Georgia’s Gesture Politics

We live in an era of gesture politics: walkouts, die-ins, marches, boycotts, hashtags, retweets. Our most strident political debates often aren’t debates at all but volleys of symbolic or metaphorical gestures. The point of these national pantomimes is not to make a rational case but to proclaim one’s affiliations and antipathies. They’re at their most repellent after emotionally harrowing events like race riots and mass shootings. Suddenly everybody—authors and intellectuals, politicians at all levels, your aunt Phyllis—sets about transmitting little signs of their crotchets and convictions.

After news of the school shooting on February 14 in Parkland, Florida, we went at it again. A few multinational corporations got in on the action, too, mainly for the purpose of distancing themselves from the National Rifle Association, the organization that, in the eyes of many progressives and gun-control proponents, was all but directly responsible for the murder of 17 people. On Twitter, Delta Air Lines announced that it was “reaching out to the NRA to let them know we will be ending their contract for discounted rates through our group travel program. We will be requesting that the NRA remove our information from their website.”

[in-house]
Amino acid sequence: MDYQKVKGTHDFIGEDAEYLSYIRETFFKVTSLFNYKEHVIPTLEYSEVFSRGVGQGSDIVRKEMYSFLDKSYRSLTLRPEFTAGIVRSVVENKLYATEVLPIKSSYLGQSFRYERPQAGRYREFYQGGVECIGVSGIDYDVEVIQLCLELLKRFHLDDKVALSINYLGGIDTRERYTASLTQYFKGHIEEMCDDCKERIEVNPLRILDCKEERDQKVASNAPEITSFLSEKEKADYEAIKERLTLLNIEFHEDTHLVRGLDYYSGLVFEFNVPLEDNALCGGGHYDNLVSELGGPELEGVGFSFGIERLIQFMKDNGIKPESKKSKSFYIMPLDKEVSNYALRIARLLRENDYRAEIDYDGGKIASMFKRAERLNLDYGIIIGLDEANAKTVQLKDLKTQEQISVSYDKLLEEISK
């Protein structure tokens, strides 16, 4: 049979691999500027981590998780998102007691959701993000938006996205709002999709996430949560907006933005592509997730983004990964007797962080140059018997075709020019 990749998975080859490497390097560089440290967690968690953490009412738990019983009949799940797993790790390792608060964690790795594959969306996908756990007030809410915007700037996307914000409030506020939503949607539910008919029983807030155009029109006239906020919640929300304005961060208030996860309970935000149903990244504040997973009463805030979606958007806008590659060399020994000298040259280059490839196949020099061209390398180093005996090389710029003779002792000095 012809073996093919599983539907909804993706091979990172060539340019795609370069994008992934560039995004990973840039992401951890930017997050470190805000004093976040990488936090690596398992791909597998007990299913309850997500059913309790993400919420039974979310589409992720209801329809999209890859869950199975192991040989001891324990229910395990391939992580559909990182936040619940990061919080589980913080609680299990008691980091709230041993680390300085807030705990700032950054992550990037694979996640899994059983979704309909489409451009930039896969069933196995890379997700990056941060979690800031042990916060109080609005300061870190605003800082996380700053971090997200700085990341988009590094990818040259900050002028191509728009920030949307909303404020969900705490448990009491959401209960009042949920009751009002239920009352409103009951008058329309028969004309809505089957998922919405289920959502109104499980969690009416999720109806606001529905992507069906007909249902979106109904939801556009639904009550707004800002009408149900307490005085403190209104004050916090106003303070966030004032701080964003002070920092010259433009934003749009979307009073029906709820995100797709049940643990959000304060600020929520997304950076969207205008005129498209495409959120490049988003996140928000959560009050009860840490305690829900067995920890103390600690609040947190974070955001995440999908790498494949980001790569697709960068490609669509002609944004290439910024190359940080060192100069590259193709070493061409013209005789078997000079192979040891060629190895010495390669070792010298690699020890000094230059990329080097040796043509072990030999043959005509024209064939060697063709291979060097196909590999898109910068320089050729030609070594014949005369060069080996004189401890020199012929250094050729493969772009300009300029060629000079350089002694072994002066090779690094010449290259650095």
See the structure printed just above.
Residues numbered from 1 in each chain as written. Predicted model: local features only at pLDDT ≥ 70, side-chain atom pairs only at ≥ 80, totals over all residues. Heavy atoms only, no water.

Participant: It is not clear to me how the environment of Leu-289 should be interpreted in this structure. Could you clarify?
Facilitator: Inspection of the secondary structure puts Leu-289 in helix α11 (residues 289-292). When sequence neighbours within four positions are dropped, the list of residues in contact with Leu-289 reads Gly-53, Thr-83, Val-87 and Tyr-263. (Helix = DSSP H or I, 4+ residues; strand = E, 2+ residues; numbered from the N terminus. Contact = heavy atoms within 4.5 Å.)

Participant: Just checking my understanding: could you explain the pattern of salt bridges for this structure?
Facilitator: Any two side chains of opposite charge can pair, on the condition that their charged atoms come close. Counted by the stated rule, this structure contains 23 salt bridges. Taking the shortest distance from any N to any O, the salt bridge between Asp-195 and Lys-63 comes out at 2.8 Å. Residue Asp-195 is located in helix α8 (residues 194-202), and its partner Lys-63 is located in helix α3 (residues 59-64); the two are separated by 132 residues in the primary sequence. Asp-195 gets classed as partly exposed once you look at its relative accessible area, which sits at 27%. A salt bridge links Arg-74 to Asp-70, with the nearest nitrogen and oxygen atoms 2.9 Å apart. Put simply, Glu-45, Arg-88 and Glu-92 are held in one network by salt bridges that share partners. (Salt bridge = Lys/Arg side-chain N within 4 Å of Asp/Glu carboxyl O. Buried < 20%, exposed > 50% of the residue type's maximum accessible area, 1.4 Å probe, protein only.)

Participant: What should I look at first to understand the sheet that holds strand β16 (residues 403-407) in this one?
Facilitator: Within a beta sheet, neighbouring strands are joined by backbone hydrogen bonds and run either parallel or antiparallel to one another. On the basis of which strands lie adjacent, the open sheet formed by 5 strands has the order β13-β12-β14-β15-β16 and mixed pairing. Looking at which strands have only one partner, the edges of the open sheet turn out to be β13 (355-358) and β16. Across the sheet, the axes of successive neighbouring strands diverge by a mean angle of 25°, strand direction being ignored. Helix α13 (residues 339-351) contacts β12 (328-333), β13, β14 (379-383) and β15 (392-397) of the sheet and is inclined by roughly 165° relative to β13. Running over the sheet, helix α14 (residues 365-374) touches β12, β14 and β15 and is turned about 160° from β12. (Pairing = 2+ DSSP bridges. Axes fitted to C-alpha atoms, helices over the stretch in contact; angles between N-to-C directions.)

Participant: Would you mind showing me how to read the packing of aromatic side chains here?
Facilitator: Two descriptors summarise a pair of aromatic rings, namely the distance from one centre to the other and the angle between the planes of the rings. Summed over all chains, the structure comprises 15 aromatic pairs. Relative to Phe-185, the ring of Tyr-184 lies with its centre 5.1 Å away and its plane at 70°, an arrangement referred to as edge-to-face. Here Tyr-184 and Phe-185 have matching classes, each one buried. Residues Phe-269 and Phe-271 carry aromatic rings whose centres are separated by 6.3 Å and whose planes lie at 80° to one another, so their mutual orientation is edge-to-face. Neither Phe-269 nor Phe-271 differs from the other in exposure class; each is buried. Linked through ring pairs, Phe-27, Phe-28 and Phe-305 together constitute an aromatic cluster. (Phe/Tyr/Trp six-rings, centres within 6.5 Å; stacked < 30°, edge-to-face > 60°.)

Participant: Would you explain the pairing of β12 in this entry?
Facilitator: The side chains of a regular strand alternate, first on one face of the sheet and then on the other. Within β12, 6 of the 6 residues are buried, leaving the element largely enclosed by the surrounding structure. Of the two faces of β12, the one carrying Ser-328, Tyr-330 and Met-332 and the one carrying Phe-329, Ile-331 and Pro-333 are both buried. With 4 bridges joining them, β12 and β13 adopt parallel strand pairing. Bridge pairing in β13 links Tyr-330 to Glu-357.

Now you might wonder what Delta’s executives knew about the NRA on February 14 that they didn’t know on February 13. If they credit the argument that the NRA shares responsibility for mass murders simply because it opposes most regulations on gun ownership, why were they in a relationship with the gun-rights group at all? Of course, Delta executives believe no such thing. They severed relations with the NRA to exempt themselves and their company from the ire of gun-control groups demanding a “boycott.” Fair enough. Delta is a private corporation and free to withdraw its support from any organization it wishes, even as I am free to call Delta a bloated mess of a company that treats its customers about as roughly as it treats their luggage. But in this case gesture politics spilled over into the equally ugly world of crony capitalism.

The lieutenant governor of Georgia, Casey Cagle, responded to…

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